One of the terms that I truly dislike is “ocean bound” plastics. As a marketing term, it’s probably brilliant. But as an actual description of material origin, it’s fuzzy, suspicious, and not provable.
That’s why I was skeptical when the New Zealand Technology & Enterprise team approached me about one of its members, Better Packaging, of Auckland. I spent a few hours grilling the company’s passionate and dedicated director, Kate Bezar. Here’s what I learned:
- The company works with local villages in Southeast Asia to collect plastic that has been left on beaches and alongside streams, roadways, fields, forests, etc.
- The villages and villagers are paid for their collection and sorting efforts.
- The collected material is then cleaned, pelletized, converted into film, and used to produce ecommerce mailers and other primarily low-density polyethylene (LDPE) bags.
- The finished flexible packages, which are 100% post-consumer recyclate (PCR), are then sold directly to retailers and e-tailers.
Passes three sustainable checkpoints.
The business model meets all three conditions of the sustainability stool: the collection improves both the economic and social conditions of the local people and their villages; the system removes pollutants from the environment while reducing the use of virgin materials and increasing the use of post-consumer recyclate (PCR) resins.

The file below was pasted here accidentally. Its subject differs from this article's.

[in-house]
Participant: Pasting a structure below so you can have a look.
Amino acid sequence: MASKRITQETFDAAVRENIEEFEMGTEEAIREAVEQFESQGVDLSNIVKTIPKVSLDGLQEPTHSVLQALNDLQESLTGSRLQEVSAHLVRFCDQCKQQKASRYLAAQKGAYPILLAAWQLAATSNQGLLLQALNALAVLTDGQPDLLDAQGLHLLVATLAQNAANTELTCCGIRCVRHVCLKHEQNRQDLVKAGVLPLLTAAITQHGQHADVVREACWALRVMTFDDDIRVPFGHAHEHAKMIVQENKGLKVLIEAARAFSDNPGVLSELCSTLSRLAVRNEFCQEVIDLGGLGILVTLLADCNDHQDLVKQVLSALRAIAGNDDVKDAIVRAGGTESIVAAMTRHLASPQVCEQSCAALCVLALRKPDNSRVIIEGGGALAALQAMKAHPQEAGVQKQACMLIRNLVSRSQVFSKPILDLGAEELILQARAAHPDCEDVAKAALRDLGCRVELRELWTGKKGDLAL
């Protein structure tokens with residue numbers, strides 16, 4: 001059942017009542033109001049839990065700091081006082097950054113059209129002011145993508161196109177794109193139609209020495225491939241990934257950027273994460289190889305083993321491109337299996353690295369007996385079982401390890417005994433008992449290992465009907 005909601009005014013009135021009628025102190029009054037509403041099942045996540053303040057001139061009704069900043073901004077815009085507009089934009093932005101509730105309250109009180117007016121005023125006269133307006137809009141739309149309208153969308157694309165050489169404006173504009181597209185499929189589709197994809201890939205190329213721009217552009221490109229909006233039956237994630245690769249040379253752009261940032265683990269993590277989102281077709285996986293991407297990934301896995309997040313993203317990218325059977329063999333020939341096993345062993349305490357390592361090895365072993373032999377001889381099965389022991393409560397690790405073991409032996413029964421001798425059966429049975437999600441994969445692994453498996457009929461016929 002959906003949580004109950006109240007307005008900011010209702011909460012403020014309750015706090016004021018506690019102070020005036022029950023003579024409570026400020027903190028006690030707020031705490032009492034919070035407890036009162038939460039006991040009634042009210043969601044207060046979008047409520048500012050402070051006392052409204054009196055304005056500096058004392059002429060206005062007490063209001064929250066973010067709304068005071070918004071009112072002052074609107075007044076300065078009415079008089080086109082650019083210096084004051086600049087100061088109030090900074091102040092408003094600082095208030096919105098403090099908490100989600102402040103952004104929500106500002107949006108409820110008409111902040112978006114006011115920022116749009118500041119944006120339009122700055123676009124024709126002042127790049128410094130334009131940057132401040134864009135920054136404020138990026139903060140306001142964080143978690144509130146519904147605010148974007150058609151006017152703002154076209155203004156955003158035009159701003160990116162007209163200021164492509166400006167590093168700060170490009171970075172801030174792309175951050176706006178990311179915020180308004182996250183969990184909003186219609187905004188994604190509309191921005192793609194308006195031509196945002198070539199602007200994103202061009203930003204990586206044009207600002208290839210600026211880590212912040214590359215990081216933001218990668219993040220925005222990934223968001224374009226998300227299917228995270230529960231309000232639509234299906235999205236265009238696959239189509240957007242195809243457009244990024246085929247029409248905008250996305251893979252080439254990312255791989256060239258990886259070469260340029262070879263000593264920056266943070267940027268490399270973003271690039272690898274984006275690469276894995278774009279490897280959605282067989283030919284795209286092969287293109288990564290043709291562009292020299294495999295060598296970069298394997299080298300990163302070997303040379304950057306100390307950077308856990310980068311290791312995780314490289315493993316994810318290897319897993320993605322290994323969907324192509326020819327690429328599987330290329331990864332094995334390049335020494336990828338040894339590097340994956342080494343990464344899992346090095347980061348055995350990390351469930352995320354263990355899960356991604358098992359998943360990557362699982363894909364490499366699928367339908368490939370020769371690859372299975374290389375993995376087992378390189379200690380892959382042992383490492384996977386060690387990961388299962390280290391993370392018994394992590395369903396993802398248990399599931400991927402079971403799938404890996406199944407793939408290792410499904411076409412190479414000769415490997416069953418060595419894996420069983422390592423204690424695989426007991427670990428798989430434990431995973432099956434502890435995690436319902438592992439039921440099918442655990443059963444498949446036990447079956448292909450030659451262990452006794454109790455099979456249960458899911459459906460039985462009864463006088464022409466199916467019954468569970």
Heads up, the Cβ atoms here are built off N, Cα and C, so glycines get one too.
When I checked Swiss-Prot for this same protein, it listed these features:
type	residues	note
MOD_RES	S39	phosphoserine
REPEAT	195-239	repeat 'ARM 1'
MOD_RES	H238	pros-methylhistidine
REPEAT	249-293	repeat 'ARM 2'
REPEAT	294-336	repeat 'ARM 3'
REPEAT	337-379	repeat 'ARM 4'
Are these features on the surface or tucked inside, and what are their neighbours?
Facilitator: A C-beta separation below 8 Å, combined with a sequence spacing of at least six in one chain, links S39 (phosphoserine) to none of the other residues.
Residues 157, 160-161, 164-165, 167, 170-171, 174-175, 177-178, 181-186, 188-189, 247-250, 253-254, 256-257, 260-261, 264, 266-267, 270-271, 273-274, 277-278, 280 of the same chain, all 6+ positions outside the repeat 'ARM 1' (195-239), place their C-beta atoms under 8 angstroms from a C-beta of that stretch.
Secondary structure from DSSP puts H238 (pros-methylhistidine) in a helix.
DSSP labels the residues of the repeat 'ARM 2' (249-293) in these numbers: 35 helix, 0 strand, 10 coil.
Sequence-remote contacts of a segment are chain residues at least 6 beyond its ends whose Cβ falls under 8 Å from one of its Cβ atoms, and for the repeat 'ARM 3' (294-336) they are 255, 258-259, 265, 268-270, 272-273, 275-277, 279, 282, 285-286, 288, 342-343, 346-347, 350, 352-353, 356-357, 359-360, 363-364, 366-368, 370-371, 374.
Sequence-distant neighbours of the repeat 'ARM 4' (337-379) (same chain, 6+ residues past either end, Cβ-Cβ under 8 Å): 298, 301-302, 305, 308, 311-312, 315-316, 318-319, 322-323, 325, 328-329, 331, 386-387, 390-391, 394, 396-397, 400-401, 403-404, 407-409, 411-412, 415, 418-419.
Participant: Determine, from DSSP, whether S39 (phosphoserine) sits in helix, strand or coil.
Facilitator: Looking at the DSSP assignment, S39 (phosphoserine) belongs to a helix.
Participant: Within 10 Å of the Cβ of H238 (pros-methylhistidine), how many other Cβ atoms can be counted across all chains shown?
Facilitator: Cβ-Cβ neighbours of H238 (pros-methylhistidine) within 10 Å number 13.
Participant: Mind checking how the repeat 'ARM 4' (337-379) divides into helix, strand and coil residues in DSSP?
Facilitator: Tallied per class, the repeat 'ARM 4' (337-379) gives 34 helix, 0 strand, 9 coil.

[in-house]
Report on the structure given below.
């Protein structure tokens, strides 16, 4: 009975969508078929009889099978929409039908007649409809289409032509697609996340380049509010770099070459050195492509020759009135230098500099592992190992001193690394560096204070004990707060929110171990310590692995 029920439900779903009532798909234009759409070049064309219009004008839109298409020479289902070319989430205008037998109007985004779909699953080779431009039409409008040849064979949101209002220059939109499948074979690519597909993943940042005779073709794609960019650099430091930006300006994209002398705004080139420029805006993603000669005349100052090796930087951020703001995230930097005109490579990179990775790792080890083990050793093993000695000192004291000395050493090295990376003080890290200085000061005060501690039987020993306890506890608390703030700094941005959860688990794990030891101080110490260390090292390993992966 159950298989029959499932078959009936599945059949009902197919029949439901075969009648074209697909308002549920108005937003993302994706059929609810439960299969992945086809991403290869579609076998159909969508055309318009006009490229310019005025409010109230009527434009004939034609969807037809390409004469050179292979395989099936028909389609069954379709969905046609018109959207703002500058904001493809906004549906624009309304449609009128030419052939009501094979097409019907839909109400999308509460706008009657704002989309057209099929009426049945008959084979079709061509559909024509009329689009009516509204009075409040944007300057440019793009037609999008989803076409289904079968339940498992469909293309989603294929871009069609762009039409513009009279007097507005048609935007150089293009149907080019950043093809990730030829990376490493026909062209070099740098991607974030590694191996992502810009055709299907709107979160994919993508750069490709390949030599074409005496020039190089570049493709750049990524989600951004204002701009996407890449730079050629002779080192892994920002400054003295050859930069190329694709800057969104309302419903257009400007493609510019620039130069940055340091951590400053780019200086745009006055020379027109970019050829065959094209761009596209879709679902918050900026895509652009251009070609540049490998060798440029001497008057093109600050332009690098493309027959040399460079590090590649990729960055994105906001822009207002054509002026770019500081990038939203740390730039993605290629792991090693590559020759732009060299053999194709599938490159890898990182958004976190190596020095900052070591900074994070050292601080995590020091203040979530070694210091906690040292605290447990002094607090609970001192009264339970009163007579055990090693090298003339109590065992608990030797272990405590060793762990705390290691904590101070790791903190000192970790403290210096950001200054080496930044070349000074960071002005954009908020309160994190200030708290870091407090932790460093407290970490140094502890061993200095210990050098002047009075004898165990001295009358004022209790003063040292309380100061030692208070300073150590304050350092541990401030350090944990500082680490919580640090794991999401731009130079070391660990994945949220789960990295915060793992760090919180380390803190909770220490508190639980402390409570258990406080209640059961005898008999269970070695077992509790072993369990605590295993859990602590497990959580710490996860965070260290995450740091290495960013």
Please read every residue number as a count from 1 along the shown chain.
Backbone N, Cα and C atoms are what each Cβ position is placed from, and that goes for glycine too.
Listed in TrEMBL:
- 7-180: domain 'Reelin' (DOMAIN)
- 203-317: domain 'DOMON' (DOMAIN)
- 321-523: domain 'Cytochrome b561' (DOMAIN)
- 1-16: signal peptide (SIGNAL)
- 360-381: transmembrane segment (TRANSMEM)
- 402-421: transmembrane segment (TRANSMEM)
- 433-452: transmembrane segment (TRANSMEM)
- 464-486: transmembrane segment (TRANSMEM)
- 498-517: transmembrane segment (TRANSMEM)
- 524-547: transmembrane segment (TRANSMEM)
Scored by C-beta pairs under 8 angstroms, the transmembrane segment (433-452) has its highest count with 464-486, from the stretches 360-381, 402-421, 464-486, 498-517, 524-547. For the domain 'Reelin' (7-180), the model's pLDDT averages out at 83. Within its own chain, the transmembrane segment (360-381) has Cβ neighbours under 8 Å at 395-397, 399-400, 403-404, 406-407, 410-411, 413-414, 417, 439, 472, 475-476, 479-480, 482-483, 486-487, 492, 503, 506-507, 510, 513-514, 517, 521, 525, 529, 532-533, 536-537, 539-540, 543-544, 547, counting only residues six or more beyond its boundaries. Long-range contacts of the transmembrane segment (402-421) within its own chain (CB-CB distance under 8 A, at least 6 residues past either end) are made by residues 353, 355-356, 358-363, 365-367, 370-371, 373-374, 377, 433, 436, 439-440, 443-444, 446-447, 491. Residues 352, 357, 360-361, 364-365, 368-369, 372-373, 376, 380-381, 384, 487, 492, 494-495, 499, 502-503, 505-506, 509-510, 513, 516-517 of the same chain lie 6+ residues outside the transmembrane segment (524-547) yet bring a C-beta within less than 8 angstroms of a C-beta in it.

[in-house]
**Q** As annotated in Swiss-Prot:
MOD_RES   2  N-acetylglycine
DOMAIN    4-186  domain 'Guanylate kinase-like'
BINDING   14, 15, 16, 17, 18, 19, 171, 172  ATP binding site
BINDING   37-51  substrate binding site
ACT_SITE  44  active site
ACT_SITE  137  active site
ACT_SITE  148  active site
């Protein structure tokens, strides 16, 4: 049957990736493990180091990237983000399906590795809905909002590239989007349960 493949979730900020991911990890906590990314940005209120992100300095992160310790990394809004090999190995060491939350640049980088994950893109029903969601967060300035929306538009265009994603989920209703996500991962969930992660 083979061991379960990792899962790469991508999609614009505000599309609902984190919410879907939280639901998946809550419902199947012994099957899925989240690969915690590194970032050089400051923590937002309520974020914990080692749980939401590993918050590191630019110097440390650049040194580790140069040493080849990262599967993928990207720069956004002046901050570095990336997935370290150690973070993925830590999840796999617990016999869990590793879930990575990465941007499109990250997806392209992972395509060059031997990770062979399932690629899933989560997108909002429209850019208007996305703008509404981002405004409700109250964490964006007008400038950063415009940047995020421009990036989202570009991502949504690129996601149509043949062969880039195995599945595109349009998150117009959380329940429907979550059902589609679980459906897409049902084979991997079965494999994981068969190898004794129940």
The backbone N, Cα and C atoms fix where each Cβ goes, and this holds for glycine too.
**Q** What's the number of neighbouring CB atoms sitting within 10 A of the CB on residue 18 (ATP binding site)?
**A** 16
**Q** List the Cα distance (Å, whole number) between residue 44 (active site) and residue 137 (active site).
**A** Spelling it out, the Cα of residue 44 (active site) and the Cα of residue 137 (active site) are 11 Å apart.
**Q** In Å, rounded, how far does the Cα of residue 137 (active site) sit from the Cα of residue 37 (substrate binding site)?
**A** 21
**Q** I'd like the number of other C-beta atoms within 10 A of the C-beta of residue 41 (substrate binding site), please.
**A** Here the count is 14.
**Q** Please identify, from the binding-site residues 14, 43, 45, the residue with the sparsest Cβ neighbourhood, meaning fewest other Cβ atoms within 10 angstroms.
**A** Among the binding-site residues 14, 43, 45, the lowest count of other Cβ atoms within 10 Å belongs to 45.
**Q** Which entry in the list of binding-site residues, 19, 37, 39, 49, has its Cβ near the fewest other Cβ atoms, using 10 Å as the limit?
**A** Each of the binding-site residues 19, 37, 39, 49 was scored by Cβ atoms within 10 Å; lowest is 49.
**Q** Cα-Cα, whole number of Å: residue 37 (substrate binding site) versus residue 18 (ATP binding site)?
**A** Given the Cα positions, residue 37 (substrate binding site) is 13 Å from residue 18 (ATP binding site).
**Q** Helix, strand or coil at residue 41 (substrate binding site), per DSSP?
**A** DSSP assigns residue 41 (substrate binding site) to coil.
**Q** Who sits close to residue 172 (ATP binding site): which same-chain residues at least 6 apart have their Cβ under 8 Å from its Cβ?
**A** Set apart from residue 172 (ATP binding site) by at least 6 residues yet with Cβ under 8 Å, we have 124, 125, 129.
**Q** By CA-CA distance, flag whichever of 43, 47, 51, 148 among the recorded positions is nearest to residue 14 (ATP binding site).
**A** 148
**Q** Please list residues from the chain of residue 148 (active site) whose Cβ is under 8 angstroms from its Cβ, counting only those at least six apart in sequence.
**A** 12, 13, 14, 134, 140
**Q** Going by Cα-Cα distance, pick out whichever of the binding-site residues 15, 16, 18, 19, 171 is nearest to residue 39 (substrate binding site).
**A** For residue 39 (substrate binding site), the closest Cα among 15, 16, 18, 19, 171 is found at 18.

From what I can find, there is no other company that does the collection, reprocessing, and conversion of littered plastic into finished goods. Further, all their materials are traceable in terms of origin, when collected, and by whom. Thus, Better Packaging has total control of its material stream and its finished goods.
This accountability provides the level of consistency and credibility that customers, consumers and even regulators will require for marketing claims to be met. This proof of origin can help their customers document the improvements in greenhouse generation that occur when switching to 100% PCR packaging, per the new SEC guidelines.
Given the sheer volume of packaging used by retailers, especially e-tailers, these savings can be significant and will greatly help with environmental, social, and corporate governance (ESG) efforts.
I asked Ms. Bezar what she hopes to accomplish when ramping up to serve the North American market.
“This range has the potential to completely disrupt the virgin plastic industry for film-based packaging,” she says. “We have shown that there is now no practical reason to still be using virgin plastic in these packaging applications. We want to be a household name and for consumers to demand ‘Better’ from the companies they’re purchasing from. It’s an incredibly exciting time.”
And it is, good luck!
Robert (Bob) Lilienfeld has been involved in sustainable packaging for 25 years, working as a marketing executive, consultant, strategic planner, editor, writer, and communications expert. He’s President of Robert Lilienfeld Consulting, working with materials suppliers, converters, trade associations, retailers, and brand owners. He is Executive Director at SPRING, The Sustainable Packaging Research, Information, and Networking Group. You can also write him at [email protected] or visit his LinkedIn profile.